With little protest, he handed over his credit card. He knew this was a battle that could not be won. He signed his surfboards away, and went to the airport bar to drown the all-too-familiar frustration.
After three weeks in Bali, Cheyne had almost forgotten about the incident. He returned to the airport sunburned and happy. He stepped up to the counter, hopeful that with some sweet-talking, perhaps a little flirtation, he'd have better luck on his way back. But this agent had been well trained. "Six-hundred dollars," she said plainly. "Six-hundred dollars?" Cheyne replied in astonishment at the sudden price hike. "This board bag weighs less than that guy's luggage!" he complained. He pointed at a man with a bag the size of a washing machine. The other employees looked over knowingly. With hundreds of surfers flying in and out of Bali everyday, the disgruntled, overcharged customer was one they'd encountered regularly.
Once through security, Cheyne did what all angry people with an Internet connection do: he posted his gripe on Facebook. Within minutes, he had dozens of comments. There's nothing that provokes surfers more than the universally accepted evil that is airline excess baggage fees. By the time he got back to California, he had hundreds of comments and likes. Fueled by the masses, Cheyne decided to voice his opinion on China Airlines' Facebook page. Surprisingly, someone promptly replied. A dialog ensued.
"We started debating the topic, and before I knew it there were about 60-plus posts with other surfers throwing their two cents in," says Cheyne. "Our voices were finally being heard! The thread was up for about 24 hours and then that next night I tried to check up on it, and boom, that page no longer existed. I was blocked by China Air and all of our comments and conversations were gone."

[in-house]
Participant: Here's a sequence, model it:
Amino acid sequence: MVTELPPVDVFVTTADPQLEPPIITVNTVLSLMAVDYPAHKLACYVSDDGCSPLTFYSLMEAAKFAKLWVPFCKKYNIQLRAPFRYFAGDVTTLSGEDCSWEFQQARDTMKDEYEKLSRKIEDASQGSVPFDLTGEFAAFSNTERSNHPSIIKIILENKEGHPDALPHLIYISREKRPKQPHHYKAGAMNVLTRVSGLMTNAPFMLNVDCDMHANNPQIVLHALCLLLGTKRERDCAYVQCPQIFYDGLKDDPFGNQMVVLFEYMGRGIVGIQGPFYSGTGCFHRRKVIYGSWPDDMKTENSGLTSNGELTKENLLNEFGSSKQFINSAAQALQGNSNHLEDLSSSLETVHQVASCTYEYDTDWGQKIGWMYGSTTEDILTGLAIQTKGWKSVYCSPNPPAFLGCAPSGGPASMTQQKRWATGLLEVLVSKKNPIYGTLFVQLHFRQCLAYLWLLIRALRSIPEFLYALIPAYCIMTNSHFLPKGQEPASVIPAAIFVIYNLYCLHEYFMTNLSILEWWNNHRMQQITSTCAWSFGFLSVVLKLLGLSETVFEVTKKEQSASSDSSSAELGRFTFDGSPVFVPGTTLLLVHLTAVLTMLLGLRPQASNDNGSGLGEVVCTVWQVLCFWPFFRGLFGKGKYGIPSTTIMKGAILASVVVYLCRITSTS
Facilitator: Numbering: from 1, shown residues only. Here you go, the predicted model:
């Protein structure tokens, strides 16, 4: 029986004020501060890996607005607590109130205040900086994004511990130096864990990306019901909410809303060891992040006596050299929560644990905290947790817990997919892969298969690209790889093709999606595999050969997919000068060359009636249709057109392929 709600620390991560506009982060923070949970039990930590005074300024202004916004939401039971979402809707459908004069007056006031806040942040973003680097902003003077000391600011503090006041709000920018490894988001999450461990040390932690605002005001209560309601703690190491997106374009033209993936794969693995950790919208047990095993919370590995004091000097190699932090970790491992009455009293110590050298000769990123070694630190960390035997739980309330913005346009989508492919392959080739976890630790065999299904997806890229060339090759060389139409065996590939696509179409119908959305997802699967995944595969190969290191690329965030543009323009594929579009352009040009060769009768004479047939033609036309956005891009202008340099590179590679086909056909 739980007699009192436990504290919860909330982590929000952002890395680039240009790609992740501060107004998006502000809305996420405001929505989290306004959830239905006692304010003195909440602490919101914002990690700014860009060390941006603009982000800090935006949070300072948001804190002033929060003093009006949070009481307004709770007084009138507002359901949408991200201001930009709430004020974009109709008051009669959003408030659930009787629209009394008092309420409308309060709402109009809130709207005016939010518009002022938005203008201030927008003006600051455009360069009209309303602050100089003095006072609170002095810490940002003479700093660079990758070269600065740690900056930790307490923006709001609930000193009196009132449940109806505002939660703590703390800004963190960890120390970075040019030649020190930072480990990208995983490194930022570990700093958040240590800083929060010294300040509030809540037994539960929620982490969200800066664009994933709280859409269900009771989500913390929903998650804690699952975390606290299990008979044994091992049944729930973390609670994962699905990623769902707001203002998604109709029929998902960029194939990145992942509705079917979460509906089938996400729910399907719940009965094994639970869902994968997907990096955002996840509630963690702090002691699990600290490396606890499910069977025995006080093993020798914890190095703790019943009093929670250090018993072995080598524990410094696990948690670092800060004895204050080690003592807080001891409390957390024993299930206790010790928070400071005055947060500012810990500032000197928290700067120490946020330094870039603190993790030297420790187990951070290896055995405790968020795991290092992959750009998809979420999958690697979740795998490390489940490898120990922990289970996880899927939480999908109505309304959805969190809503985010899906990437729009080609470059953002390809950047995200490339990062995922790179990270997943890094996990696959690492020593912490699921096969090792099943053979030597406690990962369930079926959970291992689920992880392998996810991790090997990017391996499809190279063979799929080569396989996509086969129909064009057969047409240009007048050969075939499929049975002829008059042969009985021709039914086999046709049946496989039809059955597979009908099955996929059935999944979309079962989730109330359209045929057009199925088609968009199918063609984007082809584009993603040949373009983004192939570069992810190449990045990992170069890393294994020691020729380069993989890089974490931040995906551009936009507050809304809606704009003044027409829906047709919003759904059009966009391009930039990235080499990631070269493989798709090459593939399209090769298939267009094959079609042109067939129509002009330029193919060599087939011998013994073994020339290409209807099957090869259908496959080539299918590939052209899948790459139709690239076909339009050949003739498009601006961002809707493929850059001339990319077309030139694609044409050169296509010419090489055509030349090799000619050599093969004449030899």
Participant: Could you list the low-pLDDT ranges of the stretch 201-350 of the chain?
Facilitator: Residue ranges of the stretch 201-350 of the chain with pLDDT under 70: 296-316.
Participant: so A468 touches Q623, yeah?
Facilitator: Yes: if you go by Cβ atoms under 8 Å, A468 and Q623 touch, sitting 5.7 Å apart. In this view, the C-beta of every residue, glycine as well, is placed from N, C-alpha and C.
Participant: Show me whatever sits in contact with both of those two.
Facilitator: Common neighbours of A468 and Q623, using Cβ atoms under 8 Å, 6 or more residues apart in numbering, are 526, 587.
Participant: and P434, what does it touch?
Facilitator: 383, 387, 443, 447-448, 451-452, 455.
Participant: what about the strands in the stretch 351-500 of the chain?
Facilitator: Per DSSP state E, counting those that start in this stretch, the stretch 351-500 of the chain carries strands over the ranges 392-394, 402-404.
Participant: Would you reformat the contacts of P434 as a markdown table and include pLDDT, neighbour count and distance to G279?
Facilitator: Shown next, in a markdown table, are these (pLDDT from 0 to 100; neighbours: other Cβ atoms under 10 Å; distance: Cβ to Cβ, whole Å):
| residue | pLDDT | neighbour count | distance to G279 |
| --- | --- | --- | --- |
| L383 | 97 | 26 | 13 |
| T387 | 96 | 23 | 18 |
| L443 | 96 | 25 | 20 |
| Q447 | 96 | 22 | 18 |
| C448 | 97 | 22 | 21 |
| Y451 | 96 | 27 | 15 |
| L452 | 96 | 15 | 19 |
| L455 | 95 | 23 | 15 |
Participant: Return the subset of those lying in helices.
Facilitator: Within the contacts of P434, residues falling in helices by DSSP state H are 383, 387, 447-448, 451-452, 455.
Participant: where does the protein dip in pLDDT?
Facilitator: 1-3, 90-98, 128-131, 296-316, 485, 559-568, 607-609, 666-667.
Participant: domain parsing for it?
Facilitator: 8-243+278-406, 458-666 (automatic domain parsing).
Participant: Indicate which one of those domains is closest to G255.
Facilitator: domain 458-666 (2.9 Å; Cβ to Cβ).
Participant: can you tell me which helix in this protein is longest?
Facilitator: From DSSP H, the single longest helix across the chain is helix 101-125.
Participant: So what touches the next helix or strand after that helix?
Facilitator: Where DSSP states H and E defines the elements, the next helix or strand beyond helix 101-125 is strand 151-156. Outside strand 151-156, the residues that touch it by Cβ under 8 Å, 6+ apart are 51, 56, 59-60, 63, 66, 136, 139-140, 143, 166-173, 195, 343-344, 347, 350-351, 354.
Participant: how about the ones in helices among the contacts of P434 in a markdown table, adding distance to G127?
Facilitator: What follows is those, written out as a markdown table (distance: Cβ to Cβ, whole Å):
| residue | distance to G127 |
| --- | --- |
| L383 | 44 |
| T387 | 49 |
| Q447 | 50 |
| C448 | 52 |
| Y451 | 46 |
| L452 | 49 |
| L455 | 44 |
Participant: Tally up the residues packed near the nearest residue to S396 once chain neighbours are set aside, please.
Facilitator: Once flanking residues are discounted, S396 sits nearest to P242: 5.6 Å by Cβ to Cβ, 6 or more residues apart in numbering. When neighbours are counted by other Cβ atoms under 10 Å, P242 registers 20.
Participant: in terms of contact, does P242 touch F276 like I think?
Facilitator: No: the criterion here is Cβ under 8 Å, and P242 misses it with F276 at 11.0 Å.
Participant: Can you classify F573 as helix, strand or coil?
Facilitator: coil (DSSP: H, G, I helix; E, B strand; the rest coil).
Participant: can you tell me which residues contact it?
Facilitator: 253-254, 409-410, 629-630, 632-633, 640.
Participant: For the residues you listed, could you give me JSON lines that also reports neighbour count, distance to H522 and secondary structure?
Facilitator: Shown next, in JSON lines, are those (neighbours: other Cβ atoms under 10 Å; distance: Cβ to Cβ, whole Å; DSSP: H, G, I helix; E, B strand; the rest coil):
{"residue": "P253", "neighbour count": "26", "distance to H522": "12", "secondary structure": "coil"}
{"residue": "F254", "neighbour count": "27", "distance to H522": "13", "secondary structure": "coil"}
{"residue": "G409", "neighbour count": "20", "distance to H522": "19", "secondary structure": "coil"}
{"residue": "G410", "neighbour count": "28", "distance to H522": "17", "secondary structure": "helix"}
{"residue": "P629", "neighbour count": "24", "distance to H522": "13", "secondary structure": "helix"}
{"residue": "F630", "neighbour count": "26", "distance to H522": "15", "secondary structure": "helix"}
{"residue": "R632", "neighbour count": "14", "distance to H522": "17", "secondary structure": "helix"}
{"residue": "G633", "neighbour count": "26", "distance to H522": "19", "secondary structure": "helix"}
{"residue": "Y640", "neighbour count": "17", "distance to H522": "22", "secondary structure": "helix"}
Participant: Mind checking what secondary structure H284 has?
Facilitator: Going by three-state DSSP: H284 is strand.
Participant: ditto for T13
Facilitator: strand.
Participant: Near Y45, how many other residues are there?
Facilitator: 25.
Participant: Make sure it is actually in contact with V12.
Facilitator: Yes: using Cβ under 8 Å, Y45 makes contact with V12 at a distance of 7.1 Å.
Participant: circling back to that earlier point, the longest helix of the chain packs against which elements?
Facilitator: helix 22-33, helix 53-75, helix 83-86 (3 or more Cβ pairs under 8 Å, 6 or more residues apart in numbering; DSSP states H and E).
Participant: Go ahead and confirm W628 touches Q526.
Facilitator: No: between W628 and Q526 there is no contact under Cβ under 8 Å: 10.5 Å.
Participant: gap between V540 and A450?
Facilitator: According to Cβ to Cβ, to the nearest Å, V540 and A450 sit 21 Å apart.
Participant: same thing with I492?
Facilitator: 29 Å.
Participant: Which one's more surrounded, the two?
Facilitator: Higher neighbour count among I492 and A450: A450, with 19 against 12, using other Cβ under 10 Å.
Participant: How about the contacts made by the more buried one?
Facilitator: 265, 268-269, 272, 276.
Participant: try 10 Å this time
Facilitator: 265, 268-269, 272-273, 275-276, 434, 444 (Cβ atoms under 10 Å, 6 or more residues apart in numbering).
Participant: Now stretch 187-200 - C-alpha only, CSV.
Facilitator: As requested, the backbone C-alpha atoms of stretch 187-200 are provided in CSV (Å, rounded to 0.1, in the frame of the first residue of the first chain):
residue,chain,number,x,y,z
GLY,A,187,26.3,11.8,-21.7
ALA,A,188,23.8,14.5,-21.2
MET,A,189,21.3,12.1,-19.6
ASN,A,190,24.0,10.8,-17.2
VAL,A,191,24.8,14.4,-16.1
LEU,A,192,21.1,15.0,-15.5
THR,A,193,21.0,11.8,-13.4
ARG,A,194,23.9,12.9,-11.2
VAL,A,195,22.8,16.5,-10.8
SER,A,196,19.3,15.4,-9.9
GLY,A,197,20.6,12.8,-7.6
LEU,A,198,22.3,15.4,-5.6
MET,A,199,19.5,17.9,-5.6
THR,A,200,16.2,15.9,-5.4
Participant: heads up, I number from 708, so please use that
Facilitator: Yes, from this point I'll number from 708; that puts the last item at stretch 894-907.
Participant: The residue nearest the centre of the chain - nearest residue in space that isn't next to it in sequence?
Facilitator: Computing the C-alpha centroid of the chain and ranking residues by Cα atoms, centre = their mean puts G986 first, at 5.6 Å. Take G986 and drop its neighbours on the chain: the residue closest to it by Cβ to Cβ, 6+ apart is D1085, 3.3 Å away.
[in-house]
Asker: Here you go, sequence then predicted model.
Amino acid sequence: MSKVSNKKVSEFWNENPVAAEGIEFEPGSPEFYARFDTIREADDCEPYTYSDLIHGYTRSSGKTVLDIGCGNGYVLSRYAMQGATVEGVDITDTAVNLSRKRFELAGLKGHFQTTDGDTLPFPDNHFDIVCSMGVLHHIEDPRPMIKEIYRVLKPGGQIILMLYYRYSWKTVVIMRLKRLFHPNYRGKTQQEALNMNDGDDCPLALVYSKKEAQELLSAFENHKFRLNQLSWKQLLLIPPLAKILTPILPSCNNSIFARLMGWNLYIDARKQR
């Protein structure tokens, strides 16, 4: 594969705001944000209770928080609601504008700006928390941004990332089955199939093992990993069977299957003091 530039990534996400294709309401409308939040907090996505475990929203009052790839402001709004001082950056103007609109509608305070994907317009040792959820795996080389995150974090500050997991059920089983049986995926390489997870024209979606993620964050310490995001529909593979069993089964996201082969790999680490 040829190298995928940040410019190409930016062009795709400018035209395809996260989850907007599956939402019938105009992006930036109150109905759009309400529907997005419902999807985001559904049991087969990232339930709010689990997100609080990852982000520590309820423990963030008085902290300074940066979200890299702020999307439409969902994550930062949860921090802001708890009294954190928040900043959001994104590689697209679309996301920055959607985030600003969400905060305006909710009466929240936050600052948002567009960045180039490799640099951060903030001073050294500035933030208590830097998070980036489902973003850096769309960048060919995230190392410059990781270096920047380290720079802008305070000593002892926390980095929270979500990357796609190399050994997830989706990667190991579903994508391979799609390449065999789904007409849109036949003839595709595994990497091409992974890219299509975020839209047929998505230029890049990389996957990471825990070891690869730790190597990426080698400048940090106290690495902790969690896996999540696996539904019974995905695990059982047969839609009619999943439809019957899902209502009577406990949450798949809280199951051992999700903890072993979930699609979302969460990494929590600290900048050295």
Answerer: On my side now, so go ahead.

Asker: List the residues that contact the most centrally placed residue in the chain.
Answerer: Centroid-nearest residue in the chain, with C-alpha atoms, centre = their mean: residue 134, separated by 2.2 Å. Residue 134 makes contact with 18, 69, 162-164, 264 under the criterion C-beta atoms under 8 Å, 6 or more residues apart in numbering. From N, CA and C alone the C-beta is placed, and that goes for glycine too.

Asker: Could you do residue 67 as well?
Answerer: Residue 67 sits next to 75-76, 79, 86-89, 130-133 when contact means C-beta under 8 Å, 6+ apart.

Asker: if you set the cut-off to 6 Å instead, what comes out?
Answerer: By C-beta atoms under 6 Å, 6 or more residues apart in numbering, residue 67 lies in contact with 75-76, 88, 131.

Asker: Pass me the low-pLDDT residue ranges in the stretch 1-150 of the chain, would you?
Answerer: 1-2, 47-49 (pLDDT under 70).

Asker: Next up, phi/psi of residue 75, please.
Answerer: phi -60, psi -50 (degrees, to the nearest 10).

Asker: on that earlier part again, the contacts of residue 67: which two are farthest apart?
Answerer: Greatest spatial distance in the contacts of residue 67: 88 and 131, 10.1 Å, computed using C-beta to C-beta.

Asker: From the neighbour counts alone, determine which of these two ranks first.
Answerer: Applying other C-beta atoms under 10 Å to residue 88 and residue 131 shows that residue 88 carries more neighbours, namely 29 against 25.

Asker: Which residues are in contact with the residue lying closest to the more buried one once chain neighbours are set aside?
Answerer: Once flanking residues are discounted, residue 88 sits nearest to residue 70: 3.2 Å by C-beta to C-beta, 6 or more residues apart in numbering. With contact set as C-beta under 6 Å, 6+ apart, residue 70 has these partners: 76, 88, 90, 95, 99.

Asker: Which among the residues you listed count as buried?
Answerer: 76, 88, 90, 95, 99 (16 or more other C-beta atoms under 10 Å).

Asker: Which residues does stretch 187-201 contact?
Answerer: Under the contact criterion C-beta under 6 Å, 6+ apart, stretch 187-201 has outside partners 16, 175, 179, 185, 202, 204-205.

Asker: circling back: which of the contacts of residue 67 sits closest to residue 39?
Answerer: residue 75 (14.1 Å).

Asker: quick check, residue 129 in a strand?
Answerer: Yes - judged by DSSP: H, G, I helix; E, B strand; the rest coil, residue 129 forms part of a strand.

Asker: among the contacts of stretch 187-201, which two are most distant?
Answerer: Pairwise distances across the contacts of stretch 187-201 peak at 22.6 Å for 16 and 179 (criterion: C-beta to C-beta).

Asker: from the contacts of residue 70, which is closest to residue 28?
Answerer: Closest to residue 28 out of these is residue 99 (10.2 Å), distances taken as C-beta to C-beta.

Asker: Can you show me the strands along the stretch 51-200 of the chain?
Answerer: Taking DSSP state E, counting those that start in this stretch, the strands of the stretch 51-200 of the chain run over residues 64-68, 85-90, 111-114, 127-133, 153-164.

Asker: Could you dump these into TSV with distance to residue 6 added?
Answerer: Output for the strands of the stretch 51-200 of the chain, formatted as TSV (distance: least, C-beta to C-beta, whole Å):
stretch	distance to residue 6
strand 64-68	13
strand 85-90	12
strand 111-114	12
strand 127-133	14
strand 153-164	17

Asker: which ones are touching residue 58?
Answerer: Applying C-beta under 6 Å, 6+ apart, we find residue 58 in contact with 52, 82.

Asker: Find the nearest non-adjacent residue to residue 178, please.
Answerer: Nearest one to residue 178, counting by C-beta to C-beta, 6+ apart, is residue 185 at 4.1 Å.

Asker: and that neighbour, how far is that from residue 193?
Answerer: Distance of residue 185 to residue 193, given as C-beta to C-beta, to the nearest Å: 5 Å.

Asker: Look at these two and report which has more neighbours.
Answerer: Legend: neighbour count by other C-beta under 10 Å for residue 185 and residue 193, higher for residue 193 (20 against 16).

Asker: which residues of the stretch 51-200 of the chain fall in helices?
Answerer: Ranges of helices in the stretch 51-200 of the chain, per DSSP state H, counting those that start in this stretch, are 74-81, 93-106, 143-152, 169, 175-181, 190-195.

But that wasn't the end of it. Someone had taken a screen shot of the conversation and posted it online. From there it spread to the major surf websites. Kelly Slater posted it on Instragam. It got thousands of likes and hundreds of comments. We felt powerful. We had the most popular surfer in the world advocating for us--the airlines would be letting us fly with surfboards for free in no time!
Unfortunately, reality is far less romantic. Compared to the hundreds of thousands of travelers boarding planes each day, the number of traveling surfers is barely a blip on an airline's radar. And surfers are hardly the high-rolling segment that airlines can justify pandering to.
Worldwide, there are an estimated 50 to 61 million golfers. According to the action-sports research company Board-Trac, there are somewhere around 2.9 million surfers. The number of them traveling with surfboards is significantly smaller. And just to get some perspective, the average reader of Golf Digest has a household income of $117,900 and a median net worth of $941,300. Let's just say many surfers aren't in that tax bracket. Put simply, surfers are too poor and too few to matter, meaning complaints, threatened boycotts, and angry social media posts probably won't change much.
Some of us know that, and have accepted our fate. But the real problem, perhaps, is the inconsistency. Different airports, different partner airlines, even different agents at the same airport for the same flight all potentially lead to different outcomes. "Please see our policy," the over-trained robot in customer service will tell you when you call to complain. You will offer articulate arguments. They will offer nothing. "But why did my buddy get charged half as much as I did?" you ask. They will politely recite the company line. No explanation. No sympathy.
A look at China Airlines' policy listed online might explain the erraticism. According to their policy: